This week has seen my first real progress. Although I’ve written a 10,000 word draft of my introduction, that was all very basic information that I’d known from my MA and written about before – definitions and theoretical background. This week I drew the spider diagram I mentioned in my last post – a mishmash of themes and potential chapter headings. From that I’ve constructed a very basic outline for my thesis and drafted a couple of different chapter plans and word-counts that I want to discuss with my supervisor.
I also managed to answer four very basic questions that you really ought to know about your PhD:
What do you want to do?
Why do you want to do it?
What does it offer to academia?
How will you do it?
These seem like simple questions, and on the face of it they are – they’re the things you write about in your proposal, but as I mentioned last week, the proposal is academic posturing that you write purely to wow the admissions board. When you can really answer those questions, when the answers fill your fingers with plans and your mouth with the thick taste of ideas, that’s when you’re really ready to start. I hope so, at least.
So what has it taken for me to get there? Well, some months of panic, but also reading. Lots of reading. They say that the first year of you PhD is only research and I can understand why, but I also think that’s dangerous – you’ll get too bogged down with other people’s ideas – you need to get some of your own down on paper so that they can start to develop rather than stagnate. And then carry on reading.
This week I also joined a ‘google live video hang out’ hosted by five academics on the topic of ‘How to be a successful Digital Academic to Boost your Career’, which was really interesting, especially considering my recent foray into blogging. A recording of the session can be found here, and a blog post summary of the session’s salient points here. The basic take away message was that it pays to network and it pays to get your ideas out there.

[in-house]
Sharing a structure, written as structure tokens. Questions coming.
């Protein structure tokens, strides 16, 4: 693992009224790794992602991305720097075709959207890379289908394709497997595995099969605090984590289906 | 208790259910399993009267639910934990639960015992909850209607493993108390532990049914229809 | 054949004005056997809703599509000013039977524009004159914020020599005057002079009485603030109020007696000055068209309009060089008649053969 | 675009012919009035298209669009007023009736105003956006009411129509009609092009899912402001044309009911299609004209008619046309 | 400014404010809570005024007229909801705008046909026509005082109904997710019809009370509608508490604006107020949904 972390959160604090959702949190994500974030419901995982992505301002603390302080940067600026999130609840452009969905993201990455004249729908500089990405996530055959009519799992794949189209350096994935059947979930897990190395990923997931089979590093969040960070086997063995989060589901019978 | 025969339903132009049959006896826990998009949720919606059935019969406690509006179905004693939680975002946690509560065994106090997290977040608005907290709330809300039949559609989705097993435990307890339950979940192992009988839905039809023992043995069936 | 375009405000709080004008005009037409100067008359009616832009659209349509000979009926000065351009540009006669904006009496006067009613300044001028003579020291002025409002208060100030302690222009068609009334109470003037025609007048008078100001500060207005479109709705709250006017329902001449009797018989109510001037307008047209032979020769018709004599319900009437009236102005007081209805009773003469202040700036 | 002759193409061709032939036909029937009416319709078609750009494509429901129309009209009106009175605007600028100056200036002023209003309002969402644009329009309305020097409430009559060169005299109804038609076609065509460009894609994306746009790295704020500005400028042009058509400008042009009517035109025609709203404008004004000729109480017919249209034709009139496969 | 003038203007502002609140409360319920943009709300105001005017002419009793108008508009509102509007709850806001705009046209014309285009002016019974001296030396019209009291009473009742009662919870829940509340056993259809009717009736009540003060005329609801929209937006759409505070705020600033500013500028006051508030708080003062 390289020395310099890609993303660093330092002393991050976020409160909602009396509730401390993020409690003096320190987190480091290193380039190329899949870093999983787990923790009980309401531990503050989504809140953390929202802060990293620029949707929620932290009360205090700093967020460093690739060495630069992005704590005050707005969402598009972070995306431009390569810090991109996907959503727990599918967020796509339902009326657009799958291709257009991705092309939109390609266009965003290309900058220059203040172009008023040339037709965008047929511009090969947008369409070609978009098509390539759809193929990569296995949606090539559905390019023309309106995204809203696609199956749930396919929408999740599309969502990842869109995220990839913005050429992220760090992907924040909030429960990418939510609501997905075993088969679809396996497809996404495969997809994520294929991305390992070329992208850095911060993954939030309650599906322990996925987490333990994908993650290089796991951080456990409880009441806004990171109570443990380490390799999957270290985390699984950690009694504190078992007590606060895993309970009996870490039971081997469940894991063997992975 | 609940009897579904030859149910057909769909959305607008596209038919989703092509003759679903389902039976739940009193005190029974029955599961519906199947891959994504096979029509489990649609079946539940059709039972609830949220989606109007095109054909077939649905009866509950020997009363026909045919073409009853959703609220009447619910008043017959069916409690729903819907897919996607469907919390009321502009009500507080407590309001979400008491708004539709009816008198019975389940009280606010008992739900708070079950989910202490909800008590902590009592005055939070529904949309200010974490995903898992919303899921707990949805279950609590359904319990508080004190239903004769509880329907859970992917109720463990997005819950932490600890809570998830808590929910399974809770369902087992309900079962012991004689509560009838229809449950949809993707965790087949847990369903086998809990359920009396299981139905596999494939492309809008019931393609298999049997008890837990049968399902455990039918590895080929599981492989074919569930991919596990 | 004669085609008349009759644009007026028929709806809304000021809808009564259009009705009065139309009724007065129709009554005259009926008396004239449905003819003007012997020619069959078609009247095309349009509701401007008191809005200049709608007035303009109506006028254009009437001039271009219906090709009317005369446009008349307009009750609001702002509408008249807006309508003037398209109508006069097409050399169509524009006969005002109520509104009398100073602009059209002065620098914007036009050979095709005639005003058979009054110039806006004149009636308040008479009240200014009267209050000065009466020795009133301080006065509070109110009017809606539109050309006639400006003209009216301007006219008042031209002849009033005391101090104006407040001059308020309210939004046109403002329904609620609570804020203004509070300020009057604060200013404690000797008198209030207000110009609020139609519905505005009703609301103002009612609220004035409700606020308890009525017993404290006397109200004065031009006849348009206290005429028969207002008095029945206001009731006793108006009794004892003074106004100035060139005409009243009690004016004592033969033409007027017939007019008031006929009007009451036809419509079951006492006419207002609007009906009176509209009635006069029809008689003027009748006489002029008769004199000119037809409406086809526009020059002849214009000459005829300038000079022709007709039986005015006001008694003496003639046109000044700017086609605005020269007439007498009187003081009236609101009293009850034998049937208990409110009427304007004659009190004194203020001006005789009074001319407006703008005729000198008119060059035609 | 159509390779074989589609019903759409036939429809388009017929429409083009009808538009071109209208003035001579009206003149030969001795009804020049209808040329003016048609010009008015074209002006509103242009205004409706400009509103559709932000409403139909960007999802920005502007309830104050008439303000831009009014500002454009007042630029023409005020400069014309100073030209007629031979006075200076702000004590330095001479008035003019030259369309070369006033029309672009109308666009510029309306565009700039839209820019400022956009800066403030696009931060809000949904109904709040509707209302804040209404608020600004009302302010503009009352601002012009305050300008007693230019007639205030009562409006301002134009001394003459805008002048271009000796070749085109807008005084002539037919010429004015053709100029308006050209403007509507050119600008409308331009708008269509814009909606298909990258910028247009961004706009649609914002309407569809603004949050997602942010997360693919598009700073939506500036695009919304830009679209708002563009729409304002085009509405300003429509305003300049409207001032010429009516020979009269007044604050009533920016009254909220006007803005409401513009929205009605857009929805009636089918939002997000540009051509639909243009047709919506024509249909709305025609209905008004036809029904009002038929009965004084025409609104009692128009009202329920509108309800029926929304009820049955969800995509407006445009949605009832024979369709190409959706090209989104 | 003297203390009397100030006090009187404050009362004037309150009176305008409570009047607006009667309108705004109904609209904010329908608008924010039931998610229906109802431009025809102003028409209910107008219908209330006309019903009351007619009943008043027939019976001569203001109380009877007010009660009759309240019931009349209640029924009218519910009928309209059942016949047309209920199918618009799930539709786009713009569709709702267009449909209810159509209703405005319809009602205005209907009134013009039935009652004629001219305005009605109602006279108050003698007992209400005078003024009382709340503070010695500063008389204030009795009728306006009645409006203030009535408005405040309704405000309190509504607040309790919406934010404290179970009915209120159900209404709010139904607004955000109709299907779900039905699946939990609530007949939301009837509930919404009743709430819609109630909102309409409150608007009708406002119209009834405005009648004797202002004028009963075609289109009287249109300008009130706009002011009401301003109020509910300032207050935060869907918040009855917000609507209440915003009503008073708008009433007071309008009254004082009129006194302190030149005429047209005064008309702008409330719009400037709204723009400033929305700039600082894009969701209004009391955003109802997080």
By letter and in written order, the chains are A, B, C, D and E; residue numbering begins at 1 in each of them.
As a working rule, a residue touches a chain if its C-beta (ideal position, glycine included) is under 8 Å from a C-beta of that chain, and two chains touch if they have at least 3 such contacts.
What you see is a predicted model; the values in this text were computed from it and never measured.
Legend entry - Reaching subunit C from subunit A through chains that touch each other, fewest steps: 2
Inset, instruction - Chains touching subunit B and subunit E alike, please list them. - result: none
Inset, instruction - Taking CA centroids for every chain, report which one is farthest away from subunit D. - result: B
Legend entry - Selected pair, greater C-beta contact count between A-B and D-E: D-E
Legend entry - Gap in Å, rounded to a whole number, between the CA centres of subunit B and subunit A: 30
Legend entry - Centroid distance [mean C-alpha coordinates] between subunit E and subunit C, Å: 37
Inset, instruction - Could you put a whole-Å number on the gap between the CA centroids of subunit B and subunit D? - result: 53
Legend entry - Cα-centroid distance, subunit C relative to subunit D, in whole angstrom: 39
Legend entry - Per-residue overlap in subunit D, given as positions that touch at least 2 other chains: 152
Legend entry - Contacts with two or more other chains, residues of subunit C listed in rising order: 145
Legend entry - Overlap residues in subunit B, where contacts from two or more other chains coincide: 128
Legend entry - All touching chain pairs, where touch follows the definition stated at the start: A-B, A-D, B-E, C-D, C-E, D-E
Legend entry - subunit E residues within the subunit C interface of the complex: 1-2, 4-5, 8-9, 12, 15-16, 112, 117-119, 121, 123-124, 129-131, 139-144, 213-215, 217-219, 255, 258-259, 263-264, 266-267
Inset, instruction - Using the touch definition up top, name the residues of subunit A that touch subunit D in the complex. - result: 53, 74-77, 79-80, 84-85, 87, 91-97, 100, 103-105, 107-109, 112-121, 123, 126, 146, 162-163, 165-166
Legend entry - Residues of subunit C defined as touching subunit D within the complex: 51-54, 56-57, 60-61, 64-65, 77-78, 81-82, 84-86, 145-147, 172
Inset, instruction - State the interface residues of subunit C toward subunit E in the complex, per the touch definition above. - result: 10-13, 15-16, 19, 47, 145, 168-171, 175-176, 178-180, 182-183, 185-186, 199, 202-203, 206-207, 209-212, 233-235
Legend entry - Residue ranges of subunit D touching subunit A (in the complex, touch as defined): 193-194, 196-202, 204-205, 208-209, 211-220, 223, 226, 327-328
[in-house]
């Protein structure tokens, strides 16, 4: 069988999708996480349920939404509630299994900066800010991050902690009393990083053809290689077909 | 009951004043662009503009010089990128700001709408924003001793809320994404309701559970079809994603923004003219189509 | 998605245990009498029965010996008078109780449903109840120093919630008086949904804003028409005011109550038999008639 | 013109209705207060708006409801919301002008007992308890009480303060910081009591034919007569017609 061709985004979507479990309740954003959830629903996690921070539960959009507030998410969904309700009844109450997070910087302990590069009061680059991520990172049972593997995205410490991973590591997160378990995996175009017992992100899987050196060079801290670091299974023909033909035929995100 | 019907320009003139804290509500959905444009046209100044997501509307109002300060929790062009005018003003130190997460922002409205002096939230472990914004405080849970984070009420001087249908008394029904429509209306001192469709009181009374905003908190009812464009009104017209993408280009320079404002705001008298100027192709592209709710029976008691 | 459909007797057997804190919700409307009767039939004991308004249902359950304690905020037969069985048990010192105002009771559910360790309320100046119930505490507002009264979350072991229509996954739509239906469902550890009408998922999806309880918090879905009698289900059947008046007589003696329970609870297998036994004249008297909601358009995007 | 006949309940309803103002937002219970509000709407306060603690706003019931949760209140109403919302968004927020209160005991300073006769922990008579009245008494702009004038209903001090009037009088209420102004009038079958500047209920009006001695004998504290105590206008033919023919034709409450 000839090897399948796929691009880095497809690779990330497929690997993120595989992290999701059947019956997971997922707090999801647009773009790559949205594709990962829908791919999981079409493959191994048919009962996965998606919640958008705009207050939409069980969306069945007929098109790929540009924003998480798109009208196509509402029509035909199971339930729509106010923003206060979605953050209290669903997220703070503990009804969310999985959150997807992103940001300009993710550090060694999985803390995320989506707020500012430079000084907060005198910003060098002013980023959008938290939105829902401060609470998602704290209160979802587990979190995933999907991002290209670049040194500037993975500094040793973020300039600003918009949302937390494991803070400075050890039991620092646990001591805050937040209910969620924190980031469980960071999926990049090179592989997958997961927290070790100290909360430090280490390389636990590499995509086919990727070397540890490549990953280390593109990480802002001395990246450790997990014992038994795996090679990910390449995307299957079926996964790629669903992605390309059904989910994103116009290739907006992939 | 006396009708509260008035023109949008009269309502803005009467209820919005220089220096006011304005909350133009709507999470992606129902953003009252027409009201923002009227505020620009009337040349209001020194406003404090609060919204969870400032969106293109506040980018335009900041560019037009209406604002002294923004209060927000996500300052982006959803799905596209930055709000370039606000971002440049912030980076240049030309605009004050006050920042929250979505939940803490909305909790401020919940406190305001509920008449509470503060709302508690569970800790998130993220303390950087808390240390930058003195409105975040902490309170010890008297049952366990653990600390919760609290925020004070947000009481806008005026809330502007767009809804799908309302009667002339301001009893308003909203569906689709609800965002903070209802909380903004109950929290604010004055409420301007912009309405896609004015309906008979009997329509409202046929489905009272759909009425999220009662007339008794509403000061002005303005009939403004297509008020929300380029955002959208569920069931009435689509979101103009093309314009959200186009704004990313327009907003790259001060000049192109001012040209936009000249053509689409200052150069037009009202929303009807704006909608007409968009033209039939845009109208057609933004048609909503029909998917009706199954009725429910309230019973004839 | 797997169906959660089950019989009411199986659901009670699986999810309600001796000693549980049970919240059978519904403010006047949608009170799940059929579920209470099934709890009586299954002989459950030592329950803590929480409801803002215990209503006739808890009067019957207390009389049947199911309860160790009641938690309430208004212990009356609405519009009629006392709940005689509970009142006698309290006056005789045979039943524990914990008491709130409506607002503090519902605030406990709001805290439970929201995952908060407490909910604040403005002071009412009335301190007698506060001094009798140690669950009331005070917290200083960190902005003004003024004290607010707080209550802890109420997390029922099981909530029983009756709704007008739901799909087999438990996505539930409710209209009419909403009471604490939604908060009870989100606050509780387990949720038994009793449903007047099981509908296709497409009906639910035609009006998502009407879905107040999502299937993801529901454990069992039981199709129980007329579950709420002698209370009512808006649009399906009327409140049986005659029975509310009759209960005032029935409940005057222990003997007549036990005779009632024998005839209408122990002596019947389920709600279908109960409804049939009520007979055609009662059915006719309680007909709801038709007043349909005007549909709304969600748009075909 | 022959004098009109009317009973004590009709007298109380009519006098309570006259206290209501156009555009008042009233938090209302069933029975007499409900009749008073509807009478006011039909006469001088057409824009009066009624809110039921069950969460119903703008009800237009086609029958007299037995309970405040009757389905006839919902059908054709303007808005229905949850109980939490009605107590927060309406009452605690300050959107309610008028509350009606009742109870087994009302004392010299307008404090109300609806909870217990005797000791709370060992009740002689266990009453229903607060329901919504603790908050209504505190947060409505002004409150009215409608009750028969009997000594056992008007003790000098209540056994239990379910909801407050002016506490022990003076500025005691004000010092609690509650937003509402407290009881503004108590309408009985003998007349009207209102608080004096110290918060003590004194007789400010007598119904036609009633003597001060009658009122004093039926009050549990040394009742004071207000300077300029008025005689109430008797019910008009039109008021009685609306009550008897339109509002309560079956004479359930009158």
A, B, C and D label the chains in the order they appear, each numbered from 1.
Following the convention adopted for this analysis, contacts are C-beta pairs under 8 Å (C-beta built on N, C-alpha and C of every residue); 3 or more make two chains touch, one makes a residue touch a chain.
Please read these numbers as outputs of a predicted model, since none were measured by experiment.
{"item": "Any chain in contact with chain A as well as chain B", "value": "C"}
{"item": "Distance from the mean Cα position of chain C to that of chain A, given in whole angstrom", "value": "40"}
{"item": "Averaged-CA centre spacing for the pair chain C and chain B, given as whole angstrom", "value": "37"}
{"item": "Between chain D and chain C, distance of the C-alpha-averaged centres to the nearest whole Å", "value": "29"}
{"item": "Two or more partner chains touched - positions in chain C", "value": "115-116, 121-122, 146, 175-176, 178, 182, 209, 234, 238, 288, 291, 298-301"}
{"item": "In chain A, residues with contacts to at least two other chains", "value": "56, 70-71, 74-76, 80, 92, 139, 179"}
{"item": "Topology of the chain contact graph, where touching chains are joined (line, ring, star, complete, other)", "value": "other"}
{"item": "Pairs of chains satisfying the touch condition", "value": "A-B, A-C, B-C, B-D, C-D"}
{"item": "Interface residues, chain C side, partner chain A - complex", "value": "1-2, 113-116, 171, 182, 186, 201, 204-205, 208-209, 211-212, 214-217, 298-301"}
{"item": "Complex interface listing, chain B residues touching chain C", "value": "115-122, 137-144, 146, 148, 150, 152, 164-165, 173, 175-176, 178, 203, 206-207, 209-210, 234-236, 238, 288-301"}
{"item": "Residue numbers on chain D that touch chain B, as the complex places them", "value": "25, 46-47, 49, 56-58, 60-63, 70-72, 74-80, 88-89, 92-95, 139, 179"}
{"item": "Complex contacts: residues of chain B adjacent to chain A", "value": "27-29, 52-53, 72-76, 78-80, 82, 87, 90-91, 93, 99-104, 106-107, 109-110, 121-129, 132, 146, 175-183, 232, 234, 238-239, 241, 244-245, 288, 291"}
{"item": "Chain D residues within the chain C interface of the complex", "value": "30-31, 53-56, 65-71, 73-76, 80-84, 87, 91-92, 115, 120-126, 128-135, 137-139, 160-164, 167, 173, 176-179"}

While we’re on the topic of technology, I’ll quickly mention the couple of apps I use to help me study:
- Coffitivity and Deep Relax are both ambient noise apps. Coffitivity plays recorded cafe sounds whilst Deep Relax has a number of noises that you can mix and match, my favourite blend is city noise and bird song. Ambient noise has been proven to help concentration, and personally it stops me from talking to myself like a maniac just to fill the silence. I mean, I still talk to myself, but its in a more productive fashion when there’s some background noise.
- Alarmed is what I use to enforce my timetable. It allows you to set a sequence of alarms throughout the day, each is customisable with any number of noises, and you can set them to repeat on certain days of the week. I have one for getting up, one for starting work, one for lunch and the return to work, and one for the end of the day. It stops me from clock-watching and ensures I get enough study-hours in every day. I’ve only just started using it, and to be honest, so far I haven’t entirely succeeded, but as of Monday I plan on being far more disciplined. I’ll let you know how it goes.
My plan for next week is to crack on with research on one of the topics I highlighted in my spider diagrams. I’ve also had an idea for a slightly more academic blog post on the topic of the Amazon drama Transparent that I might post as an extra during the week – I’ll tag it separately though.